In the late 80s, Lou and Sandy Grotta commissioned architect Richard Meier to create a home in New Jersey that would showcase their collection of contemporary studio jewelry and significant works in wood, ceramic and fiber. The Grotta Home features their art within its architectural frame, with nature as an ever-present backdrop.
Sited near the top of a seven-acre sloped clearing framed by forest, this house features public spaces with spectacular views to the landscape while the more private rooms look to the insular woods at rear. Two perpendicular axes extend from the center of the house to distant locations, thereby extending the interior volumes into the landscape and according the house a locus within an otherwise ill-defined site.
Artist’s work is not confined to the walls in the Grotta home. Rather, jewelry is displayed on the walls, table settings feature artisan- made plates, silverware and dishware, and artwork is moved regularly to create a new experience –“ just another means of engaging in constant conversation,” writes Glenn Adamson, curator and author from the Yale Center for British Art. The Grotta home, is a “vessel for living,” in Adamson’s view, where one encounters vases, bowls, baskets, chairs, textiles and teapots, but also powerful sculptural forms, rich with an array of nature-derived or nature-inspired textures, colors and shapes.
Furniture by designers such as Edgar and Joyce Anderson feature equally alongside Scandinavian design classics by Kay Bojesen or textile works by Sheila Hicks, Françoise Grossen or Jack Lenor Larsen.
Ceramics by Toshiko Takaezu, Wayne Higby and Bodil Manz, along with the creations of significant jewelry artists such as Wendy Ramshaw, Otto Künzli or Tone Vigeland, complete the picture of this extraordinary collection.
The works are carefully framed within Meier’s open architecture, an equal blend of glass and solid surface. Nature, visible from many vantage points, plays an essential supporting role. The art that the Grottas had acquired influenced Meier’s design and his architecture, in turn, has influenced the way in which the collection has continued to evolve. With its numerous, sometimes surprising insights and vistas, the architecture produces a fluent link between interior and exterior space.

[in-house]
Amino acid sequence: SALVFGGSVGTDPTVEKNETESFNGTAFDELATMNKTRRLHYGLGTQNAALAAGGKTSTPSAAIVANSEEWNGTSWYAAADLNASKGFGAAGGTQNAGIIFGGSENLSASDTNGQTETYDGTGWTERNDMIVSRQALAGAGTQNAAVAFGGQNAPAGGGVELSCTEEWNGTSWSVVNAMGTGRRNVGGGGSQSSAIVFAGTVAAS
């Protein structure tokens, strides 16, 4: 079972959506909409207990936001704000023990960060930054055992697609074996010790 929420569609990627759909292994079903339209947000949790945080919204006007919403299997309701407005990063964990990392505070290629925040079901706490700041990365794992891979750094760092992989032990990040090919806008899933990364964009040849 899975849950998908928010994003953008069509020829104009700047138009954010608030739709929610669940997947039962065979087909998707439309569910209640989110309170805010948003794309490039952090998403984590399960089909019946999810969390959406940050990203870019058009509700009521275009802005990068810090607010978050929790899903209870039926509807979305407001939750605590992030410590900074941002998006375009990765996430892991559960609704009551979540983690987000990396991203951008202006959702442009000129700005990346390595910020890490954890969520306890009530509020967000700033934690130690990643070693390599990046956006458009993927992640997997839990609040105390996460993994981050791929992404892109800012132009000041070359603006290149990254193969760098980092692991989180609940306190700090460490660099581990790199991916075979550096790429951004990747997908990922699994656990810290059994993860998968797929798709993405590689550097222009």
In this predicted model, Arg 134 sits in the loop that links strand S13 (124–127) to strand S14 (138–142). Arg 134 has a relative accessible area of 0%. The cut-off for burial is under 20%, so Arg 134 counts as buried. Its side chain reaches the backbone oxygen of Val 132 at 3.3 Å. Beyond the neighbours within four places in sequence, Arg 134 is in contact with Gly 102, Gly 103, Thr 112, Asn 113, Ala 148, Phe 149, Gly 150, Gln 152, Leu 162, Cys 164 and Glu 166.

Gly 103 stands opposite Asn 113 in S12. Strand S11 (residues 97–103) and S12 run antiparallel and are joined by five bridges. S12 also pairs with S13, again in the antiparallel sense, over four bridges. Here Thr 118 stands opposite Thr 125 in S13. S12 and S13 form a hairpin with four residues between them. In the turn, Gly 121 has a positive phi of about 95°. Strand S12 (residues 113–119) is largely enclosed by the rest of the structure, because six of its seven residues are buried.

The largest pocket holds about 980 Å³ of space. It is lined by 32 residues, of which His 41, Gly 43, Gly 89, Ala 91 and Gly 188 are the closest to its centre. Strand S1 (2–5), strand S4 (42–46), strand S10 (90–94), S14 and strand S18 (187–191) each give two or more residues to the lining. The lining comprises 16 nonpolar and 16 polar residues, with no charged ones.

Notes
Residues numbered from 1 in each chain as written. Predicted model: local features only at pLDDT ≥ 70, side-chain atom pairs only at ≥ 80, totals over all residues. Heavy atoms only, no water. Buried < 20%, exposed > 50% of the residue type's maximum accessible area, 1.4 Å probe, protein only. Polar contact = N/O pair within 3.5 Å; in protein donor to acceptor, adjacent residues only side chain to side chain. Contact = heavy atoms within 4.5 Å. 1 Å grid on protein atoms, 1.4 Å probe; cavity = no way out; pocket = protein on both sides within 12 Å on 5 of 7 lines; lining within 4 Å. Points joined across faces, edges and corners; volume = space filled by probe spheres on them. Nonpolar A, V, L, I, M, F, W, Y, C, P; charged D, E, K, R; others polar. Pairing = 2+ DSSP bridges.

The Grotta Home is extensively documented in a new book "The Grotta Home by Richard Meier: A Marriage of Architecture and Craft," a lushly photographed, coffee table-sized book about the interplay of nature, art and architecture designed and photographed by Tom Grotta, co-curator of browngrotta arts, and published by arnoldsche.
The book provides an intimate view of how the Grottas experience the work day to day. The collection and its natural setting inform every aspect of their lives. Artists and essayists including Sheila Hicks, Jack Lenor Larsen and John McQueen and Joseph Giovannini provide additional insights in the accompanying essays. The texts and personal statements by artists make it clear that the Grottas not only collect art and design but also experience them as an integral part of their living environment. The Grotta Home will inspire others who wish to do the same.
Available online at store.browngrotta.com/the...
Living room - textiles: art by Sheila Hicks, Helena Hernmarck; table: Edgar and Joyce Anderson; chair: Hiroki Takada; sofa: Mies van der Rohe; bird: John McQueen; ceramics: Maija Grotell, Toshiko Takaezu, Wayne Higby
Living room - Textile: Lenore Tawney, ceramics by Toshiko Takaezu, bench Joyce and Edgar Anderson, piano: Andreas Christensen
Dining room - table by Joyce and Edgar Anderson, chairs by Hans Wegner, textile wall art by Mariette Rousseau-Vermette
The Grotta House exterior
Bedroom featuring a customized, remote-controlled mechanized wall system to hide a flat-screen tv with artwork
Sandy and Lou Grotta
The Grotta Home by Richard Meier: A Marriage of Architecture and Craft, photography and design by Tom Grotta, published by arnoldsche